Island Lake family gathering (Duluth)

My sister-in-law and her husband have a lake cabin north of Duluth. It happens to be the cabin that their family had when they were growing up. Every summer, we have a big extended family get-together at the cabin. That started this weekend.

Food becomes a big part of the celebration. Nothing fancy, you understand. Actually, this is one of those occasions when the meals get judged on quantity, not necessarily quality. One year, when I burned the chicken almost beyond recognition, the meal was still a success because everyone got enough to eat.

Krik’s Picks gets mentioned from time to time. It’s usually in the context of, “Steve, you should write about this in your blog.” That happened on Saturday night. Blake (Linda’s brother) grilled burgers and Cindy (Blake’s wife) made a pasta salad. It was great! By the time the meal was over, people were complimenting the salad and someone said, “Steve, you should write about this on your blog.”

As luck would have it, I had my camera. So Cindy and Marcy (Cindy’s sister) picked up the nearly empty bowl of salad, and I shot a pic. Above is the recipe.

07 July 2009

Not SciFi – Robots handle Minnesota farm chores

I went to a meeting at a dairy farm near Little Falls, MN, where I watched a robot milk a cow. I have to admit that as an old farm boy, I’m easily impressed by cool machines. But this was really cool!

The dairy farmer who hosted the meeting is Greg Blaine. He’s a member of Land O'Lakes (who I work for) and a former state legislator. He’s had the milker for about six months, and he loves it.

Here’s a short history of milking cows. Cows used to stand in individual stalls in a barn, and the farmer would come with a stool and a pail. He (or she) would milk the cow by hand into the pail, then pour the milk into a bulk tank where it would be chilled and stored until a truck came to haul it to the processing plant. Then they invented milking machines. Twice a day, the farmer would bring the machine to each cow, in her stall, and attach the milker to her udder. The milk would flow immediately into a stainless steel pipeline and be pumped to the bulk tank and never be exposed to air. This is the system most farmers in my neighborhood used when I was growing up.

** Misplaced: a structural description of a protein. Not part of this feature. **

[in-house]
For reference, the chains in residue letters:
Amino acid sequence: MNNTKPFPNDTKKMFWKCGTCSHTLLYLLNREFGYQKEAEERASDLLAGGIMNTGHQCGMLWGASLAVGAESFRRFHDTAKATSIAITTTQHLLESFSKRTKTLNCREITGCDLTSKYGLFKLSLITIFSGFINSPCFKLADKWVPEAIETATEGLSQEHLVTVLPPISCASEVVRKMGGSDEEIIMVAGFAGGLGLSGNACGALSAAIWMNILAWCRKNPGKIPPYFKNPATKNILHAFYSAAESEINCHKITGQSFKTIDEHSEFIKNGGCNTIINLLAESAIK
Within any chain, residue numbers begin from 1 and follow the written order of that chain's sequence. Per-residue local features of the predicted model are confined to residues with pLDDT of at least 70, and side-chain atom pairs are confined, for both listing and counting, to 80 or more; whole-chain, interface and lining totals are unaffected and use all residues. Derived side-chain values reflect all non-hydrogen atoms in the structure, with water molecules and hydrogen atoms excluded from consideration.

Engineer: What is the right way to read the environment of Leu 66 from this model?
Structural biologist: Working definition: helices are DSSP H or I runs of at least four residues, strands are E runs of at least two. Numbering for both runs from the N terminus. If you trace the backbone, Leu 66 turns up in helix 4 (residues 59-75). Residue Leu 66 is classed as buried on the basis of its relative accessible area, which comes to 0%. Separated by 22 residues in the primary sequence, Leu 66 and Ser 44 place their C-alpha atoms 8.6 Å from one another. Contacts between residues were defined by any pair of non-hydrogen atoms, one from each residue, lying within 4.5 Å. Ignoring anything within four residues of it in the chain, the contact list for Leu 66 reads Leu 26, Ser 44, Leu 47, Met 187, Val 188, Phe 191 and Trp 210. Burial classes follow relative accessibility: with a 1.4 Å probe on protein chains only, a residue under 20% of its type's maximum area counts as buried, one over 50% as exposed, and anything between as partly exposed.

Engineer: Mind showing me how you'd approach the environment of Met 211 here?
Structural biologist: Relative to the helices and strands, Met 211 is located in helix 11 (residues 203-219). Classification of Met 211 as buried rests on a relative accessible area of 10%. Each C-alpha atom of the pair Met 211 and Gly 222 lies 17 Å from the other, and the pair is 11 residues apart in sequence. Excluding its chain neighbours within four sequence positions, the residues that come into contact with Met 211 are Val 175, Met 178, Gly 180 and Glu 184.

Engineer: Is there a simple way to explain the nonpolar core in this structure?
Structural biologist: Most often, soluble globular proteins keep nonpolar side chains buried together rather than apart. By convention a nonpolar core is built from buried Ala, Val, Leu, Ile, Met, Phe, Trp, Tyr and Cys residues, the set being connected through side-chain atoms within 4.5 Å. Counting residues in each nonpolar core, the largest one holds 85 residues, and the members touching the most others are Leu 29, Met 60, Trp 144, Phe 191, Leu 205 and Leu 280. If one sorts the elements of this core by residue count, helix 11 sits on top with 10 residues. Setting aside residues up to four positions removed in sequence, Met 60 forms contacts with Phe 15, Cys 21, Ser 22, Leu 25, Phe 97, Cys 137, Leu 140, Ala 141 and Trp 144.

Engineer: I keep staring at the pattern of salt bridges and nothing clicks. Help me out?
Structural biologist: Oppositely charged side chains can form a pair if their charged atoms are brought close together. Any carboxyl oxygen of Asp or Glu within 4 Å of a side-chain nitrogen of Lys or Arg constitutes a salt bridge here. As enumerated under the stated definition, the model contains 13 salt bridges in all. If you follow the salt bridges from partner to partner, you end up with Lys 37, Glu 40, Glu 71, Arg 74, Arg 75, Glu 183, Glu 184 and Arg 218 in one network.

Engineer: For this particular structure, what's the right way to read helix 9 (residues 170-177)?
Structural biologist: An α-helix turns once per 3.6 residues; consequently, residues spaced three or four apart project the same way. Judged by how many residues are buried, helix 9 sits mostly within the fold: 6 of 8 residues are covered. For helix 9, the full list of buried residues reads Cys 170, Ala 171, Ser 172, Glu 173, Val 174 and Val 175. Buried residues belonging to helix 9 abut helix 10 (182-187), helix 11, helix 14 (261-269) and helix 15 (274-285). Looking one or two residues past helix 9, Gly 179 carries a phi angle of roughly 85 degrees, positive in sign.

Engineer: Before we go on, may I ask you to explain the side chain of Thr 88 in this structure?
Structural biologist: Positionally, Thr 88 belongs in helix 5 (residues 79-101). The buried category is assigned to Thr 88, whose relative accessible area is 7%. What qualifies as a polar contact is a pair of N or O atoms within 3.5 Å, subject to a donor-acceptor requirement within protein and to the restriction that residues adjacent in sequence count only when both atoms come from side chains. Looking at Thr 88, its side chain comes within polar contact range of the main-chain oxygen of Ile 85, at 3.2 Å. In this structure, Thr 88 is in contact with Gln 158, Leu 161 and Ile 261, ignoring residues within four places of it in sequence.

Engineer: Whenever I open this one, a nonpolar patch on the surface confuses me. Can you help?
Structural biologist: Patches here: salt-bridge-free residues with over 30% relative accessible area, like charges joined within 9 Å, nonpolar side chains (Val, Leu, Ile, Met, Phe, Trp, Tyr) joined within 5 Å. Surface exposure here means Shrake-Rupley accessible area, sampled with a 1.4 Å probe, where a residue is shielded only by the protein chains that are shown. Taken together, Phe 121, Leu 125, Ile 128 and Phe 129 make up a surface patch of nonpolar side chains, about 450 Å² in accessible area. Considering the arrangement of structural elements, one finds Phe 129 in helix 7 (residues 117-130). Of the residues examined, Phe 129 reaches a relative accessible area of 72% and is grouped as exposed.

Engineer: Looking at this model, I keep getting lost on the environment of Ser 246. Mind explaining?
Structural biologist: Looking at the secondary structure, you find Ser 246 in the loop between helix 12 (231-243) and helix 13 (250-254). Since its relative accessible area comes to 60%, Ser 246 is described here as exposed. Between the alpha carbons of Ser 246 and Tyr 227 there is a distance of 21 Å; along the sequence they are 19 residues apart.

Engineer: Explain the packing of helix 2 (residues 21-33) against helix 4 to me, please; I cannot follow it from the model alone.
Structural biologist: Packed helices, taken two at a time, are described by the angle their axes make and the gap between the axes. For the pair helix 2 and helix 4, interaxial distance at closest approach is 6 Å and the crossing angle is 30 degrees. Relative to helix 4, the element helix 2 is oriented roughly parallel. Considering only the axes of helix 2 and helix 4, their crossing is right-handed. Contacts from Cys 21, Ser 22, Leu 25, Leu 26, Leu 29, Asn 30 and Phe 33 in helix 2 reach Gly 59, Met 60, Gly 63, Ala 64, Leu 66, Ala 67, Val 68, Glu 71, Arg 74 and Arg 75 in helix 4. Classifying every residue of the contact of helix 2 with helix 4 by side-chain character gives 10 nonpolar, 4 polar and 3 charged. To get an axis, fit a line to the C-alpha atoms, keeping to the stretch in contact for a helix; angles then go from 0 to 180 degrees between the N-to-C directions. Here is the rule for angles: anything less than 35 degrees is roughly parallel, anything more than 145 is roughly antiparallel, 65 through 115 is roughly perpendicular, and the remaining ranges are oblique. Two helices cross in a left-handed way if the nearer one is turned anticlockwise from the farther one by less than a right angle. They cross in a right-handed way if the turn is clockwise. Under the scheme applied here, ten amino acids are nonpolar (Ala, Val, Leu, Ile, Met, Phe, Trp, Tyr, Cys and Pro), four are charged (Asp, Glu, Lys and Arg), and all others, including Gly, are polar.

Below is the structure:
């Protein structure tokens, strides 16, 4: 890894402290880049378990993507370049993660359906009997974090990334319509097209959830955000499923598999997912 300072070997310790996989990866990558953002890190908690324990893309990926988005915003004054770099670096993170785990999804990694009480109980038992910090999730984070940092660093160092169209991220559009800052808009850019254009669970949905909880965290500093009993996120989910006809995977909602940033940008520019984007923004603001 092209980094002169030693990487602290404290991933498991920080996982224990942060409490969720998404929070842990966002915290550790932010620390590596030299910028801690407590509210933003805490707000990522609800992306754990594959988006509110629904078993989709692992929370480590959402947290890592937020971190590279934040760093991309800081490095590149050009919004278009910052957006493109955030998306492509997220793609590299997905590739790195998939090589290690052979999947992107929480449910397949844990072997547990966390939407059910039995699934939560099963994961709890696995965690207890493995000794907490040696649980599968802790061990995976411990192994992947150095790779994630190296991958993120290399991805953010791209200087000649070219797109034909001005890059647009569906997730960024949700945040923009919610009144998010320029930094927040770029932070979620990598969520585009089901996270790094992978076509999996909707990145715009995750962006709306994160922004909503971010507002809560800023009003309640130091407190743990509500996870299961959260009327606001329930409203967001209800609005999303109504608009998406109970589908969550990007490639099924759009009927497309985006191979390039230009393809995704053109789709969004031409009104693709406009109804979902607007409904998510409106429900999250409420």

Then came milking parlors and free stall barns. The cows would lounge in an open barn and two or three times a day, they would be gently herded to a room where they would be milked in groups. But on Greg’s farm, the cows lounge in the open barn and go over to the robotic milker anytime they feel the urge to get milked.

We stood in Greg’s observation room for 30-45 minutes. There were usually one or two cows waiting to enter the milker, and very few times when it sat empty. There’s a really good web site called DairyFarmingToday if you want to know more. It has profiles on different size dairy farms in different regions of the country. There’s also a ‘Dairy Dictionary’ of common dairy terms, including milking machine and milking parlor, if you’re interested.

I didn’t get a good picture of the robotic milker in action. But you can see a video of a milker in action on the University of Wisconsin Extension web site.

One of the big problems for dairy farmers who are leaders in their industry is finding someone to get the work done while they’re at meetings. (We have a lot of meetings in the dairy industry.) It’s not uncommon for farmers to get phone calls from their workers during meetings. Greg’s phone rang during the meeting he hosted. I joked that at least we knew it wasn’t his milker calling. Turns out, the joke was on me. The robot automatically calls the farmer if a problem occurs with the milker. Greg says the robot speaks in a cyber-female voice. He and his wife, Michelle, call the robot Gilmore and the cyber-female voice is Gilmore’s secretary, Glenda.

As I looked at the cows in Greg and Michelle’s barn, doing what cows do (it’s a cliché but standing around chewing the cud), and occasionally ambling over to the robotic milker, I thought of the humorous ads about California happy cows. But they couldn’t be any happier than the black and white beauties I saw near Little Falls.